BT sues NHS Scotland for £20m damages after losing network contract bid

BT is suing NHS Scotland for damages over the £110 million Scottish Wide Area Network (SWAN) contract, after losing in its bid to force a re-run of the procurement process.

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BT is suing NHS Scotland for damages over the £110 million Scottish Wide Area Network (SWAN) contract, after losing in its bid to force a re-run of the procurement process.

The telecoms giant had recently taken NHS Scotland to court over what it claims was a “flawed” tender process for a six-year contract that would have enabled councils and NHS bodies in Scotland to share information more easily. The judge, Lord Malcolm, yesterday ruled in favour of procurement body NHS National Services Scotland (NSS), allowing it to award the contract to be awarded to be the preferred bidder, understood to be a partnership of Capita and Updata.

However, BT is now claiming up to £20 million in damages.

“BT has chosen not to appeal Lord Malcolm’s decision to lift the suspension [on the contract award]. We are pleased that Lord Malcolm, following the hearing in January, found in our favour with respect to the primary argument and agreed that the procurement regulations had been breached by NHS NSS,” the telco said.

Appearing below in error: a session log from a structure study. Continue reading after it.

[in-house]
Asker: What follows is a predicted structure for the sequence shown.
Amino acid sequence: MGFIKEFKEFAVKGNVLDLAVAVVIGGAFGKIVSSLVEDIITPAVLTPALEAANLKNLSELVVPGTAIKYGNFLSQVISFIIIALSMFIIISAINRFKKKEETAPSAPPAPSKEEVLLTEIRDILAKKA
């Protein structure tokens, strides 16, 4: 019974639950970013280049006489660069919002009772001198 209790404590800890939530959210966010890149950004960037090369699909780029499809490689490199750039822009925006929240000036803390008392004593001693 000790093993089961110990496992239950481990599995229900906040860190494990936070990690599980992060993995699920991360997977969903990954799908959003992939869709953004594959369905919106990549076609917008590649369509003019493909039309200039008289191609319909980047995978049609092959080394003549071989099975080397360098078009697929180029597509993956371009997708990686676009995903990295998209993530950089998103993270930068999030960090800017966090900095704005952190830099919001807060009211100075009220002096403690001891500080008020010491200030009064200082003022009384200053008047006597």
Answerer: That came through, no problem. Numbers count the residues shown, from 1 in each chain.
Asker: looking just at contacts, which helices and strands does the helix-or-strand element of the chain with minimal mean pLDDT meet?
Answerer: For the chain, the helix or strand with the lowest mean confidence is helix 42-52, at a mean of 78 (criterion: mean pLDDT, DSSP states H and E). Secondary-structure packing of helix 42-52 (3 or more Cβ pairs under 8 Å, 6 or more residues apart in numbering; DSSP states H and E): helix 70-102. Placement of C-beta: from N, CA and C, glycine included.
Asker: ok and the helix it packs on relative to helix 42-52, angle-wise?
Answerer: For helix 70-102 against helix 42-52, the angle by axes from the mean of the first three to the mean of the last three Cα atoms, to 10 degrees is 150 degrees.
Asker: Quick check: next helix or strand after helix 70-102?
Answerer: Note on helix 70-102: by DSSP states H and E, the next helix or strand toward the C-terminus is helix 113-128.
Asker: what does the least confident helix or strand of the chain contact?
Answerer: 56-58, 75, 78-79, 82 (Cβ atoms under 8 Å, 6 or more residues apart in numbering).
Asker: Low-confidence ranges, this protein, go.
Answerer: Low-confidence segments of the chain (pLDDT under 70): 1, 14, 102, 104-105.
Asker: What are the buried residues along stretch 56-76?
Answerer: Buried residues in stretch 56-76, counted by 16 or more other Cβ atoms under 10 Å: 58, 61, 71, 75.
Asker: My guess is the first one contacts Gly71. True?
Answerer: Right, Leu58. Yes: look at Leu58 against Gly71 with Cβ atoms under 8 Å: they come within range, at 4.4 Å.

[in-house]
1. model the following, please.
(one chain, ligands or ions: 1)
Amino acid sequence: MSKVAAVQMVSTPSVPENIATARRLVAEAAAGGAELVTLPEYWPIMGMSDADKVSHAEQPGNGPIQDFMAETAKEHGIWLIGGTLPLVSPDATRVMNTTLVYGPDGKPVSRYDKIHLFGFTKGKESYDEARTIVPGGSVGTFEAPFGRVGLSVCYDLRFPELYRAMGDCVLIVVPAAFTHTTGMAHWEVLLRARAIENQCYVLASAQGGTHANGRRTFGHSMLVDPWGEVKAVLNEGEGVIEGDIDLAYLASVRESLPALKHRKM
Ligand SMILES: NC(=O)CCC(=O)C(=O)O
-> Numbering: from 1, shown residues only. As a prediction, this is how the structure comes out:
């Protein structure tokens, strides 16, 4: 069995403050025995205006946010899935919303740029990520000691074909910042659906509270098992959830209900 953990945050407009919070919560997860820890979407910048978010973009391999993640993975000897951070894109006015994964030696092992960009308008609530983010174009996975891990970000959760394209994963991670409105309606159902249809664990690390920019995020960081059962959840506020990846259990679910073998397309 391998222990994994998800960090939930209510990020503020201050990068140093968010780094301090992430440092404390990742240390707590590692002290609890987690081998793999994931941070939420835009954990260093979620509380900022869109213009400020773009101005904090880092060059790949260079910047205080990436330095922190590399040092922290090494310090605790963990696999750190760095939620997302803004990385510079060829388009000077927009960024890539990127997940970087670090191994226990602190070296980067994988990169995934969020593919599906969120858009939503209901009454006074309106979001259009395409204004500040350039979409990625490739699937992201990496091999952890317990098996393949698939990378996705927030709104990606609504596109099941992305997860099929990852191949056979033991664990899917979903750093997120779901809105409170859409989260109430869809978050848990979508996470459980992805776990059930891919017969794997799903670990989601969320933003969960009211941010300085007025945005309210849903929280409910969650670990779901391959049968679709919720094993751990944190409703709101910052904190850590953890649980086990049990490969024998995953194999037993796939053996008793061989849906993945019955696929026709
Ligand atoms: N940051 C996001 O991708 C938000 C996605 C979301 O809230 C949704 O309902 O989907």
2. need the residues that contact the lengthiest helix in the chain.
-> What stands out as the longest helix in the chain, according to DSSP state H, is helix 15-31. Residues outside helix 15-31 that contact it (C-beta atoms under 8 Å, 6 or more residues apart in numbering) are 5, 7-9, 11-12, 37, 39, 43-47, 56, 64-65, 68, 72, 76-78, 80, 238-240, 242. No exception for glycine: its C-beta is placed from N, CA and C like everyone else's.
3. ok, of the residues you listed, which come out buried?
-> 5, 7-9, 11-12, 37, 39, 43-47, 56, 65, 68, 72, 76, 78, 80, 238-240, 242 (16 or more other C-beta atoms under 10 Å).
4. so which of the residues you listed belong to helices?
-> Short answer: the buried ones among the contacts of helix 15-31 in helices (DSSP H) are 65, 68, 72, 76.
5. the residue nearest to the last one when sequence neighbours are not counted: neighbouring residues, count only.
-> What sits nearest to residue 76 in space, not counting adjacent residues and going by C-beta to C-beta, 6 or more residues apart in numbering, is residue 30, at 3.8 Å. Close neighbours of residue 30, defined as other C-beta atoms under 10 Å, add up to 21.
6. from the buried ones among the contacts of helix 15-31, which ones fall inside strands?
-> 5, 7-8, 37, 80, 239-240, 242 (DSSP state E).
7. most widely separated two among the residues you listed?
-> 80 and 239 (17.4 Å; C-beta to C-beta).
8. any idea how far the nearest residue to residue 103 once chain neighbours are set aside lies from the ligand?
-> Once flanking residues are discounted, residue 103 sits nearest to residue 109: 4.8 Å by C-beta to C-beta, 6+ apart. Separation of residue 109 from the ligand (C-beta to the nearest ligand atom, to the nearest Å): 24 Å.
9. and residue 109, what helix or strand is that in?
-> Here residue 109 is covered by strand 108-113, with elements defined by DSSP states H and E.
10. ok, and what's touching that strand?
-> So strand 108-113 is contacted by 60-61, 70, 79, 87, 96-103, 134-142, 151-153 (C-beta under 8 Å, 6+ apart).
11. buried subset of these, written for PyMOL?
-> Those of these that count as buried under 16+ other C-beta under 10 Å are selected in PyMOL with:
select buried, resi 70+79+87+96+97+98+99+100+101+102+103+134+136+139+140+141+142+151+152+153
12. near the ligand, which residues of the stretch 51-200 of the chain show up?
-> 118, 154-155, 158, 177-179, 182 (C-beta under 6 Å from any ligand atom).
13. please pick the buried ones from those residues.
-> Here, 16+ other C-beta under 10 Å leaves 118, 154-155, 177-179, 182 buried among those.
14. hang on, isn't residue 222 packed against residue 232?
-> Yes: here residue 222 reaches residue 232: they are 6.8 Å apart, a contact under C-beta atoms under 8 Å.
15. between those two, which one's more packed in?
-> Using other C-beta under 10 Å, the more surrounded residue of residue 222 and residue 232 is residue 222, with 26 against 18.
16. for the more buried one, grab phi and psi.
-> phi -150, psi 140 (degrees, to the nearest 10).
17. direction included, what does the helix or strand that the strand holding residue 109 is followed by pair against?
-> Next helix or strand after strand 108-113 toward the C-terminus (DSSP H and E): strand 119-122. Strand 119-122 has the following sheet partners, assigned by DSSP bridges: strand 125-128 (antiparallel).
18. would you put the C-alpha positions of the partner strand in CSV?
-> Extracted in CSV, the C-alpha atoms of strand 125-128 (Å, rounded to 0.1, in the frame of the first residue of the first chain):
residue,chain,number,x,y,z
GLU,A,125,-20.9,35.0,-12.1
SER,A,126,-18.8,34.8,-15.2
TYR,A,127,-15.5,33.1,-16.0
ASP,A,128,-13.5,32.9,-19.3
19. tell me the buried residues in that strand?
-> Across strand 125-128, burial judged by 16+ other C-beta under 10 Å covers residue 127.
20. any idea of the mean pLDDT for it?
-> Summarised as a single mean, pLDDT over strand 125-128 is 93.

“Though BT’s primary aim was always to seek a re-run of the procurement process, the case will now proceed as a damages claim, Lord Malcolm having found damages to be an appropriate remedy for BT to seek for that breach.”

BT added: “We believe that it will now be unclear whether the most economically advantageous tender will be awarded. We believe our proposal offered excellent value and minimal risk to Scottish taxpayers. Our bid was more than £10 million below the price for which maximum points could be awarded under the NSS scoring process.”

The telecoms company began legal action before the preferred bidder was announced. Cable & Wireless with Virgin Media Business were also in the running for the contract.

BT has been arguing that the tender process did not ensure that the contract was awarded on the basis of the most economically advantageous bid, in accordance with regulations.

NSS maintains that the process was “fair, robust and thorough”, and said that cheapest was not necessarily best.

"The best product for any given job is not necessarily the cheapest. Price was just one element in deciding the best bid. The other factors we scored were technical standards, performance and commercial and legal aspects. Each element was approximately 33 percent of the total score available," it said.  

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